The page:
Men, women and ministry

Men, women and ministry

I was reading this post advocating egalitarianism earlier today and thinking over the implications of it. For myself I was raised loosely egalitarian and in an existential sense do not see any cause for women to not operate in many of the same categories men do. I am happy to work under and submit to female line managers and to listen to, work with and cooperate with female colleagues. It is not an issue to me. Yes their are differences between the sexes, at times significant ones. Yet despite this I felt the author’s associations between complementarianism and acts of domestic abuse as not in any way helpful to the discussion. Many complementarians I know are women who haven’t been treated in the way the author describes. One might even suggest it is possible to reform the behaviour of the men in question without dispensing with the core theology.

However, I do feel that this issue of the sexes in ministry is a much greater flashpoint issue in the Protestant world than in other traditions of Christianity. Is this possibly down to..

  • How the vocation of ministry is perceived?
  • A view of the sacraments and their handling?
  • The lack of female role-models in the church?
  • Sexism

What follows is in no way systematic but merely my own thoughts on the subject.

What is the role of the priest/minister

This differs from church to church but the responsibilities of priest/minister I believe can be boiled down to the follow categories..

  • Preaching and teaching from scripture
  • Serving those in need
  • Working towards the growth of the church
  • To safeguard the teachings of the church
  • Leading gatherings
  • Administering Sacraments
  • General administration

These points most people of all church backgrounds could agree with. We might differ on the definition of some of these terms but I think we can agree in a general sense with this list. The other immediate thing that stands out to me is that there are several areas of this which aren’t limited to ministers. Everyone can do the following in some capacity..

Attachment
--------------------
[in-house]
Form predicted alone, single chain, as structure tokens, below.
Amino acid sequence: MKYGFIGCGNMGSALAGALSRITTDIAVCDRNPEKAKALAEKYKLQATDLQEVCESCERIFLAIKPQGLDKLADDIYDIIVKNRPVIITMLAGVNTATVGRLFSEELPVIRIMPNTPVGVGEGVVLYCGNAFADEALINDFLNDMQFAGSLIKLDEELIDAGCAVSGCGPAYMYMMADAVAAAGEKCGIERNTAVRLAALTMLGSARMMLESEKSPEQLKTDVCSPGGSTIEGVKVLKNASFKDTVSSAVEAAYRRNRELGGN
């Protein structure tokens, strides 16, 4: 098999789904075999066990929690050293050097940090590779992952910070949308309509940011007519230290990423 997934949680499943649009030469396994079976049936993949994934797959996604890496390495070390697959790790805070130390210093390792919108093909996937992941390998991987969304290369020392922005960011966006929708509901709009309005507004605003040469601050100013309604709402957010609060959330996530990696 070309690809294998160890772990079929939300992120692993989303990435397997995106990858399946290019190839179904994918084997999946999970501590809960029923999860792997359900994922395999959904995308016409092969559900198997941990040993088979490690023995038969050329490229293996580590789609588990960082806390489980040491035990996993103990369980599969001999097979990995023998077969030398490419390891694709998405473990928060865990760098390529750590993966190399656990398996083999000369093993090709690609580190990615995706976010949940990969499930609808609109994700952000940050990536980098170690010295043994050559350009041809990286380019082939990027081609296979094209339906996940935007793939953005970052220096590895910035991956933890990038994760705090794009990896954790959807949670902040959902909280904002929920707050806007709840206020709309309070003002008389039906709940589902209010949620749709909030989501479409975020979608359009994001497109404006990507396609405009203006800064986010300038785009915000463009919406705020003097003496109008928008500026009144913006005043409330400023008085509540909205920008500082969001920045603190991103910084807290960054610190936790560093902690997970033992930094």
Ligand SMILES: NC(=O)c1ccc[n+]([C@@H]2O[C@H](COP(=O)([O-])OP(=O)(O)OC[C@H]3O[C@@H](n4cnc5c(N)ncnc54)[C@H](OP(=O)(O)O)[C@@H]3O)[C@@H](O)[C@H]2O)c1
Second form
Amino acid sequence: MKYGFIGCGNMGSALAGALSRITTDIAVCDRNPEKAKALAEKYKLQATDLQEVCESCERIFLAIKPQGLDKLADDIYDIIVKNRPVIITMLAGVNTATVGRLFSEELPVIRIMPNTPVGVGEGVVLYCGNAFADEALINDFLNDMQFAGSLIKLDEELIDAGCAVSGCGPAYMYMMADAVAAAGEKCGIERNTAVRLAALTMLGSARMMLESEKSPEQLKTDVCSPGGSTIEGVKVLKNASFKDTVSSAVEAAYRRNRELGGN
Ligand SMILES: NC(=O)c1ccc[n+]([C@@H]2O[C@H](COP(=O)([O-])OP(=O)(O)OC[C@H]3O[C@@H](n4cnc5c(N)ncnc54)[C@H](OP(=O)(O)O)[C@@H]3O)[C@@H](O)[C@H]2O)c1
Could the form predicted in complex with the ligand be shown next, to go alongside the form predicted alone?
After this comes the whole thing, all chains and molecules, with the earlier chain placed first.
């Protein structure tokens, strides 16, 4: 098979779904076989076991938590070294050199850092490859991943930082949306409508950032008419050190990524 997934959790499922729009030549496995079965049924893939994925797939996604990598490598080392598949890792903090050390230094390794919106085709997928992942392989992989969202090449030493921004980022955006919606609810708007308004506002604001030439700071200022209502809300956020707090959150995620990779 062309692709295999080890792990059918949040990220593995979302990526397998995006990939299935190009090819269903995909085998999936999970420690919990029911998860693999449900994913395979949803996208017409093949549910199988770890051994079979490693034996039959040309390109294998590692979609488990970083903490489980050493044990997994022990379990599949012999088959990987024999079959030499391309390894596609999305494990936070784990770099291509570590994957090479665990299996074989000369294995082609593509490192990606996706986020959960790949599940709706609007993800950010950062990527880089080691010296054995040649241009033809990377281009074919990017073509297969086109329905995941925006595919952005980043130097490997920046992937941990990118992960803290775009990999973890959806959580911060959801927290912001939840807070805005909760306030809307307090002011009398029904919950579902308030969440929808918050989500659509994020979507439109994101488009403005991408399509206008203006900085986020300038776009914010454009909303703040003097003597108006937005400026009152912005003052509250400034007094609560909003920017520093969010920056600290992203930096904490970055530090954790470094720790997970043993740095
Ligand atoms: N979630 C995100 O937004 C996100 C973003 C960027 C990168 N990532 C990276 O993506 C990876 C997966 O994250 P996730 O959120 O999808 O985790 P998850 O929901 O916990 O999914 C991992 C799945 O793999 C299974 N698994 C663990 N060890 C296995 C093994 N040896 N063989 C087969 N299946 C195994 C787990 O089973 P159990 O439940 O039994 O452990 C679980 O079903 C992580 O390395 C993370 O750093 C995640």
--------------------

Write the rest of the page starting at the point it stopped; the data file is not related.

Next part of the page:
• General administration
  • Serving those in need
  • Working towards the growth of the church
  • To safeguard the teachings of the church
  • Leading gatherings
  • Administering Sacraments
  • Preaching and teaching from scripture

I think we can agree that it is everyone’s responsibilities to safeguard the teachings of the church, to engage in mission and to be involved in acts of service. Administration is in a somewhat different category in that not everyone is gifted in this area and is something of a specialised skill (I do not think I would be a good administrator for example) but no criteria exists  in scripture for administration other than that one be gifted in it.

The ones I left out of the abovementioned list are the leading of gatherings, the administering of sacraments and the preaching and teaching from scripture. However even in this capacity I believe this list can be cut down further. Namely in suggesting that preaching and teaching from scripture is reliant namely on faithful exposition rather than the identity of the expositor. More so that teaching can occur in nearly any context and so really the question really focuses on how preaching differs in any sense from conventional teaching. In this I would venture that their is space for women to speak to the body. Particularly in the Orthodox and Catholic churches I do not think their is quite the same concerns about women speaking or teaching men as their is in Protestantism.